Presidential debate again ignores urban issues
Listen to the national candidates talk, and you'd think American cities don't exist; there is no form of transportation other than driving. A number of bloggers have pointed out how last night's debate, like its predecessor, conspicuously didn't talk about cities.
At Next American City, Matt Bevilacqua writes:
Neither candidate uttered the word "city." At all. Go ahead, check this debate transcript from ABC News. ...
Urban advocates have raised this complaint many times before: During national campaigns, when pundits and politicos are bickering over everything from reproductive health to drilling for oil to the debt ceiling, issues specifically related to cities get the short shrift.
Republicans hardly ever talk about urban America anymore. ... Though this year's Democratic National Convention had a roster full of big-city mayors, their time in the spotlight largely yielded only sentimental personal narratives—Streetsblog's Ben Fried wishes cities or transportation policy came up in the answer to a question about energy:
not much about what they do to make cities function daily, and not much about the needs of the people they serve.
It's not like there weren't moments last night when either candidate could have, at least in passing, addressed the concerns of the country's urban-dwellers. ... [D]uring the discussion on economic growth, Obama could have turned to the Partnership for Sustainable Communities to defend his record. Established during his first term, the partnership has done wonders for economic development in urban neighborhoods.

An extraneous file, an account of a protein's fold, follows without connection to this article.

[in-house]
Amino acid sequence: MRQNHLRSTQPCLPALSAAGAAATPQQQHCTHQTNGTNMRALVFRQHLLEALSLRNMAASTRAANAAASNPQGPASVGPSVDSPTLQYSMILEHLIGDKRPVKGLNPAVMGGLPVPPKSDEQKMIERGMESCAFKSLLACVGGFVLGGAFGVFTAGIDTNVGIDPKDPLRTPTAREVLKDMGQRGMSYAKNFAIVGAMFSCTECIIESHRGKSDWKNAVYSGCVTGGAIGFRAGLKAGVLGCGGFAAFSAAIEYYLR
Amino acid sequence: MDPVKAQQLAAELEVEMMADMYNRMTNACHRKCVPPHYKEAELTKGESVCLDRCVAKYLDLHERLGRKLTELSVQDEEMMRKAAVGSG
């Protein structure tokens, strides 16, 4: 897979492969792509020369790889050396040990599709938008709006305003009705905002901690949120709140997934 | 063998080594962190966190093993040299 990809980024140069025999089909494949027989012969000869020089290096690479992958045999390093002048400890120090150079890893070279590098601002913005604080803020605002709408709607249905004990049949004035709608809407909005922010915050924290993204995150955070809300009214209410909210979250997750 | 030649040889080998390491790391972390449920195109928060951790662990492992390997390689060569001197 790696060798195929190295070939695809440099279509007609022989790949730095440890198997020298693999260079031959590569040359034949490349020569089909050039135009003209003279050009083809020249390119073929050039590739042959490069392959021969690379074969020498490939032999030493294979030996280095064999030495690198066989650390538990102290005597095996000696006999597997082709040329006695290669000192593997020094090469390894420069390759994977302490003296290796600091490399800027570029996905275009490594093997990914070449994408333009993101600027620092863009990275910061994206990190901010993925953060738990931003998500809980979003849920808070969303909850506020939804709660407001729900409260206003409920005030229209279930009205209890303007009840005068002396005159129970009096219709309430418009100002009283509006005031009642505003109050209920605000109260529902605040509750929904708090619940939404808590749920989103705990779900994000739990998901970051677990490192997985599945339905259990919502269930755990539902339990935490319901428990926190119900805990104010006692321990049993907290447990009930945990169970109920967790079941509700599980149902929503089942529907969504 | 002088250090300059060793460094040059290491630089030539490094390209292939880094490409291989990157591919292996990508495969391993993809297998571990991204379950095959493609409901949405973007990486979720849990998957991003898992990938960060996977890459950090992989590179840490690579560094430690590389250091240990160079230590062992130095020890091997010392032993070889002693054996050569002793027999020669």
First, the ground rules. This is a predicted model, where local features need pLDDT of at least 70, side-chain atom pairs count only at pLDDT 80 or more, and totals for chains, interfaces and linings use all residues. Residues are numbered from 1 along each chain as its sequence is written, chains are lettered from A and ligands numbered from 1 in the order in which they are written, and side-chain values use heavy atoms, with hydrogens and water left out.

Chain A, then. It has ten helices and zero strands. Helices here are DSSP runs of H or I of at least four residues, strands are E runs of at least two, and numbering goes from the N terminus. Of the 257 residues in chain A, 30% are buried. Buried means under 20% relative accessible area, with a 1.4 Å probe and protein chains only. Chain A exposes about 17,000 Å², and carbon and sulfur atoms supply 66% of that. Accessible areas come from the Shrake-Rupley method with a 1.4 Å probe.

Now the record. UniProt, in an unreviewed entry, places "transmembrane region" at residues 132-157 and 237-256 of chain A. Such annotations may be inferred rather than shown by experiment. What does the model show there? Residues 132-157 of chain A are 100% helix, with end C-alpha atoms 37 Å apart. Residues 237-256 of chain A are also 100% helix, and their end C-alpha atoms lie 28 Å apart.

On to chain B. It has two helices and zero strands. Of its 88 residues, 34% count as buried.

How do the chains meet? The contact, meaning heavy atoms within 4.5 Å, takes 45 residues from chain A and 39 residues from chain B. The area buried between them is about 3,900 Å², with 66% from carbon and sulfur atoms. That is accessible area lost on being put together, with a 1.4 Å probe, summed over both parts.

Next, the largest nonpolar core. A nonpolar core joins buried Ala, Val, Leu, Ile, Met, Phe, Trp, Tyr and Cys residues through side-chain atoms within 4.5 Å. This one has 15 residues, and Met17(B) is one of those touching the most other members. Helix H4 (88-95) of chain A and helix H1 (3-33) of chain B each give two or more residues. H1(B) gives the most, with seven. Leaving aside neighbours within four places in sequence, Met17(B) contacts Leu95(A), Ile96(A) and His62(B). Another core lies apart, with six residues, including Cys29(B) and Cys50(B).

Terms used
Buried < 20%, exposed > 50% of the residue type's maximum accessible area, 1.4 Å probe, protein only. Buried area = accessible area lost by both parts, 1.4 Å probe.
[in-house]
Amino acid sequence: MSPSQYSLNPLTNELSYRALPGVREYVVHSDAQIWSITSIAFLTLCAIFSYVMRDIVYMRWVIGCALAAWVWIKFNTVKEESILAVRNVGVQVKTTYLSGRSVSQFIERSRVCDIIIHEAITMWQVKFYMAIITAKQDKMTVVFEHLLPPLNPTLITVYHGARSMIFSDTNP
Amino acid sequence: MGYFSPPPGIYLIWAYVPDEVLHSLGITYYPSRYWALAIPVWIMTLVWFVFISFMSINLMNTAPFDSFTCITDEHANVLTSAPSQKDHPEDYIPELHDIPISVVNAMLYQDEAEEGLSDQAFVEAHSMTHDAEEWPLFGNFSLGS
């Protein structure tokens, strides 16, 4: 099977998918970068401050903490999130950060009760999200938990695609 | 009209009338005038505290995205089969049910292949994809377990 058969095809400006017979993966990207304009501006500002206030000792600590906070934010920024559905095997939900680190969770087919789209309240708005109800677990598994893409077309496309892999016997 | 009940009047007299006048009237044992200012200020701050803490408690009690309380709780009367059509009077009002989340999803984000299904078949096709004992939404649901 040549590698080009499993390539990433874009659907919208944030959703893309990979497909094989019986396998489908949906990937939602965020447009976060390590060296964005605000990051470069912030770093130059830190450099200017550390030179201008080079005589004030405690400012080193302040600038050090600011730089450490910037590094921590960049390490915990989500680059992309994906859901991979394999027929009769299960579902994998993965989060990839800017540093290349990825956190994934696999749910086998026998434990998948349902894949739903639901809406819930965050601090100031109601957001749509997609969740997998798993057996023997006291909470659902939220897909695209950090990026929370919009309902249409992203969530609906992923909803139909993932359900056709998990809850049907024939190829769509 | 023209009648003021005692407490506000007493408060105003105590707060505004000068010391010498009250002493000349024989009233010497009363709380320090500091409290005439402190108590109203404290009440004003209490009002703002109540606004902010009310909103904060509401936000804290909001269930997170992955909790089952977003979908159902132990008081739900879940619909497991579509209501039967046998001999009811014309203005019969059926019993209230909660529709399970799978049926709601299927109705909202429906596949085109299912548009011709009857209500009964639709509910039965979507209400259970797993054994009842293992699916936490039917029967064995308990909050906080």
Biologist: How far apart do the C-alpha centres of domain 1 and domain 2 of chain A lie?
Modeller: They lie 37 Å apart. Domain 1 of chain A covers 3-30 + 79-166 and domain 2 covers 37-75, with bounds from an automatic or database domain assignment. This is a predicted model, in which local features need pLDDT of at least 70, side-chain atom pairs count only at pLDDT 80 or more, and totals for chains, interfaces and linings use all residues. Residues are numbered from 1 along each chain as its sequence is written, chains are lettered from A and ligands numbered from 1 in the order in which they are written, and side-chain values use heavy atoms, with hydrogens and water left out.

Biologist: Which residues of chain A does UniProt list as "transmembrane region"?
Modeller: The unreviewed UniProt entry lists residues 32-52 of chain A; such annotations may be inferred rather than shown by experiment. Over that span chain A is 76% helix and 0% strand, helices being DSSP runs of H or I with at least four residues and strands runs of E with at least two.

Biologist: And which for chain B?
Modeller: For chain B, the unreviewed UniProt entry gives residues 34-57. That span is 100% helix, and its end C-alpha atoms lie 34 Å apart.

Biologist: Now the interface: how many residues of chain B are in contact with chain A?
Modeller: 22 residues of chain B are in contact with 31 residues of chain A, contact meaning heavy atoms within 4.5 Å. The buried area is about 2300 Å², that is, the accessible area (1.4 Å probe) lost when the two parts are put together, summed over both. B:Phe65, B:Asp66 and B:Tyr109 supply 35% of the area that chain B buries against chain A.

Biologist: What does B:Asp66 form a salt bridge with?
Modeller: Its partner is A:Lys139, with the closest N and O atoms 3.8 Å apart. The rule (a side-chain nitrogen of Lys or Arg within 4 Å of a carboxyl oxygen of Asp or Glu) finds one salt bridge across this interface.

QUESTION: Your energy secretary, Steven Chu, has now been on record three times stating it's not policy of his department to help lower gas prices. Do you agree with Secretary Chu that this is not the job of the Energy Department?Fried says, "Let's imagine the contours of the straightforward, leveling-with-America response that never came:"
OBAMA: Yes, I do agree with Secretary Chu that it is not the job of the Energy Department to lower gas prices, any more than it's the job of the Commerce Department to lower the price of tin or cotton.Instead, the President talked about (and then starting arguing with Romney about) how much they've increased oil production. Which is not just about furthering our addiction to a dwindling resource, but also economically silly for anyone who realizes that oil is a world market.
But there's a lot we can do to become more resilient in the face of oil price shocks. We can give people real transportation choices—
invest more in transit, and in making our streets safer— so you aren't forced to burn a gallon of gas every time you need to pick up some groceries.
My administration has started us down a smarter path with the Sustainable Communities Initiative and the Department of Transportation's TIGER program. These programs are laying the groundwork for a 21st Century transportation system that makes our communities more productive and efficient while reducing our addiction to oil. If we make these investments, not only will we free ourselves from constantly worrying about prices at the pump, we'll also stave off the disaster of climate change and prevent the kind of droughts and other extreme weather events that are battering America.
Matt Yglesias posted a great chart showing that gas prices in the US, Canada, and Japan move in almost precise lockstep; the only difference is the size of the country's gas tax. Ours, of course, is extremely low compared to other industrialized nations.
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